The Eye

A Beautiful, Inventive Take on the Traditional Chocolate Bar


Reinvented chocolate tablets by Nendo that show how design can affect taste.


Akihiro Yoshida

In the runup to Valentine’s Day, chocolatiers everywhere are bending over backward to outdo themselves with elaborate heart-shaped bonbons in the hope of turning the heads of romantic chocoholics. When it comes to the humble chocolate tablet, with its straightforward, no-nonsense, snap-off grid, chocolate-makers usually save the design for the packaging, which you can feast on with your eyes but has nothing to do with actual taste.


Akihiro Yoshida

But always inventive Japanese designer firm Nendo has created a riff on the standard chocolate tablet that both reinvents the boring slab into something more sensual and visually interesting, adding a textural component to heighten the eating experience.


Akihiro Yoshida

The firm first experimented with the form by creating a series of chocolates to mark Nendo’s Oki Sato as Designer of the Year 2015 for the Paris design trade show Maison et Objet. The idea behind “chocolatexture” was that although chocolate snobs tend to focus on aspects such as country of origin and cacao percentage, the shape of chocolate can also affect its flavor. Nendo created nine different configurations of the same bite-sized chocolate with pointed tips, hollow interiors, and both rough and smooth surface textures.


Nendo’s chocolate experiments from 2015.


Akihiro Yoshida

Nendo said in a project description that the 2015 design demonstrated that “although ‘eating’ is generally thought of as one action, actually the taste is recognized after going through various procedures such as ‘place on top of the tongue,’ ‘bite,’ ‘roll inside the mouth,’ ‘melt’ and ‘swallow.’ ”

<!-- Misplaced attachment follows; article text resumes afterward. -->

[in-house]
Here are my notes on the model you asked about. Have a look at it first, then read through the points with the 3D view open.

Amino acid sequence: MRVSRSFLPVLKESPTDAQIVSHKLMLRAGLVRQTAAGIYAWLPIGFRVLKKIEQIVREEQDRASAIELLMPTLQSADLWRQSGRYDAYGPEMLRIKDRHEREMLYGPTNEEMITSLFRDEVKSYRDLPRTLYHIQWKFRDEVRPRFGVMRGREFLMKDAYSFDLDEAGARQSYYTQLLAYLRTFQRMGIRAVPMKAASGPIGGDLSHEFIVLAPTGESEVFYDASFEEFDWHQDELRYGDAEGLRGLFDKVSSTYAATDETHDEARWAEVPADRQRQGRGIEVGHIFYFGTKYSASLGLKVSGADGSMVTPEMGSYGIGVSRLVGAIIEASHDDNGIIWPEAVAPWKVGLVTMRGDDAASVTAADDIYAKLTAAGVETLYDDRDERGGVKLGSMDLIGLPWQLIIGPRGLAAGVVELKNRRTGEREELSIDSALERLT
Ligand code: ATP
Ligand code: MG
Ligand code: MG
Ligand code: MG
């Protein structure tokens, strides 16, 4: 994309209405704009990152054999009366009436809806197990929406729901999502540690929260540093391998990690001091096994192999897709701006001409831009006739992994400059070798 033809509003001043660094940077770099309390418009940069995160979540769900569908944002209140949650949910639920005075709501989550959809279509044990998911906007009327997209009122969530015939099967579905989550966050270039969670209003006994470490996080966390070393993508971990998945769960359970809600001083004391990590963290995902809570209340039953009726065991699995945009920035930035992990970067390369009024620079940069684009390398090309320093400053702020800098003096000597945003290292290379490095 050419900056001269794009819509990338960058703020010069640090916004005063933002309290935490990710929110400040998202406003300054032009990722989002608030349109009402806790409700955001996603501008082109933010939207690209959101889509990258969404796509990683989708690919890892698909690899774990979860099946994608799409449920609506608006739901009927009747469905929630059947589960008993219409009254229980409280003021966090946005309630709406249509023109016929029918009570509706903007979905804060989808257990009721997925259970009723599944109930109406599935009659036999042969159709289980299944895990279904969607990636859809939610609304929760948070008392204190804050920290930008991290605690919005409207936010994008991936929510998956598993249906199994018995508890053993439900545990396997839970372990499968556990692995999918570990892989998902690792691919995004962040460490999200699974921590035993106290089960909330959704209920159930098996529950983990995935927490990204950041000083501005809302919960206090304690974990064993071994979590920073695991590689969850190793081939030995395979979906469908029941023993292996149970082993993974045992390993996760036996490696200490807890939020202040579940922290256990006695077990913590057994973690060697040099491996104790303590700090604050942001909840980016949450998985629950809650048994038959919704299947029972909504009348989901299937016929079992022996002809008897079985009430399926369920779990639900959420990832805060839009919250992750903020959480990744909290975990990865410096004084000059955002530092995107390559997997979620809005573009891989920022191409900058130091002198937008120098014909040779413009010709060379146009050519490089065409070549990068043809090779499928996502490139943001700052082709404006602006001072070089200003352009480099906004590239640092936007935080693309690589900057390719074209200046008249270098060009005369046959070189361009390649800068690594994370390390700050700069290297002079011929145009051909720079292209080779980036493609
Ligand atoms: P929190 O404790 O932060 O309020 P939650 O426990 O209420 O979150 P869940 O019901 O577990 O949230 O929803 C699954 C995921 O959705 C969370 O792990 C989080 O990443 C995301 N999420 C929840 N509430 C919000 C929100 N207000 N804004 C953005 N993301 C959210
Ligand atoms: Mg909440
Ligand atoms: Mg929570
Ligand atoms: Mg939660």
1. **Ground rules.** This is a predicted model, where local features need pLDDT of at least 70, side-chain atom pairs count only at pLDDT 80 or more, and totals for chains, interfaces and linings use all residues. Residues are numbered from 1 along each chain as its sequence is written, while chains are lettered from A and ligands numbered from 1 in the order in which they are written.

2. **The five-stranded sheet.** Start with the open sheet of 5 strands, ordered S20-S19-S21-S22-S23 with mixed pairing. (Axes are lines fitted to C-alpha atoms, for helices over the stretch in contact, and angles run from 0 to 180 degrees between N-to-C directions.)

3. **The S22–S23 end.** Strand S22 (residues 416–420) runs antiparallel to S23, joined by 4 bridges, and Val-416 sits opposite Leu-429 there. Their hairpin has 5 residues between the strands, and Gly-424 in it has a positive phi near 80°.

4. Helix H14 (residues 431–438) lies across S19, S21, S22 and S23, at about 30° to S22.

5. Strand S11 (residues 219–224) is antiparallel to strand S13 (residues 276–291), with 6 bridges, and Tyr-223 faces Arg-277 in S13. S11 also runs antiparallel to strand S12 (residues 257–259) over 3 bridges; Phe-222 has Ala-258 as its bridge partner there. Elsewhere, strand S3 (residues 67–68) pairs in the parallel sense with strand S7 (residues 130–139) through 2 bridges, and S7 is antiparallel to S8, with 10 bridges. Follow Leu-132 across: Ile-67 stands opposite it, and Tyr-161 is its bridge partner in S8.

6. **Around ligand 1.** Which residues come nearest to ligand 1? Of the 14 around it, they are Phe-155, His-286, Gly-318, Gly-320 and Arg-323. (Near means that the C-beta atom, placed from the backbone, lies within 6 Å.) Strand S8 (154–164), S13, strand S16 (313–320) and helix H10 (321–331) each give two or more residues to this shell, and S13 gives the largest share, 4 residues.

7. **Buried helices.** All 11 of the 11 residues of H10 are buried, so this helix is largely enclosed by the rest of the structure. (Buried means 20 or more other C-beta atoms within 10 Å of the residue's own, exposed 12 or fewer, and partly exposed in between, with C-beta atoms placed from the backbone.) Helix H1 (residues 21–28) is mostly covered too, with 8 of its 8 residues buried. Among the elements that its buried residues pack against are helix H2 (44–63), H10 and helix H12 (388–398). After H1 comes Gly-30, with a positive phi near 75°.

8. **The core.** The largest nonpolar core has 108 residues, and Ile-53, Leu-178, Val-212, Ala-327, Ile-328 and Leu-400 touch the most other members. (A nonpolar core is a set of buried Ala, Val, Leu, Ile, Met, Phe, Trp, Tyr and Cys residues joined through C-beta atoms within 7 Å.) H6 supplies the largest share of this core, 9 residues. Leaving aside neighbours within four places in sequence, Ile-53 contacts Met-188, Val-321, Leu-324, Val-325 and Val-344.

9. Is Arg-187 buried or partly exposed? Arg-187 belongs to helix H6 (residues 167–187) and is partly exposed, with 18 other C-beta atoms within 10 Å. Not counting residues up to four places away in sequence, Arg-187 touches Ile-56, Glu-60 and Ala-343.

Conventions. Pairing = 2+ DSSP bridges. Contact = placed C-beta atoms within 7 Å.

So this year, they built on that idea by creating the “chocolatexturebar,” a single bar of chocolate whose surface is divided into 12 squares with diversely textured faces—stripes, dots, zigzags, checkered, and wave patterns.

“By tasting each face with the tongue,” Nendo says, “one can enjoy a new taste dimension that is unlike any other conventional chocolates.” The chocolate tablets come in milk chocolate, strawberry, white chocolate, bitter chocolate, and matcha flavors.

This year, Nendo also decided to play around with the idea of chocolate fillings with its “chocolamixture” set. The set allows you to fill hollow chocolate flasks with flavorings—such as freeze-dried mango, raspberry popping candy, and heart-shaped sugar and chocolate puffs—then cap them with fumigated white chocolate “corks” before popping them in your mouth. While the set takes the mystery out of biting into a filled chocolate, it instead offers the chance to play Willy Wonka.


Akihiro Yoshida


Akihiro Yoshida

The only thing we don’t like about these inventive chocolates? They are only available for purchase in Japan.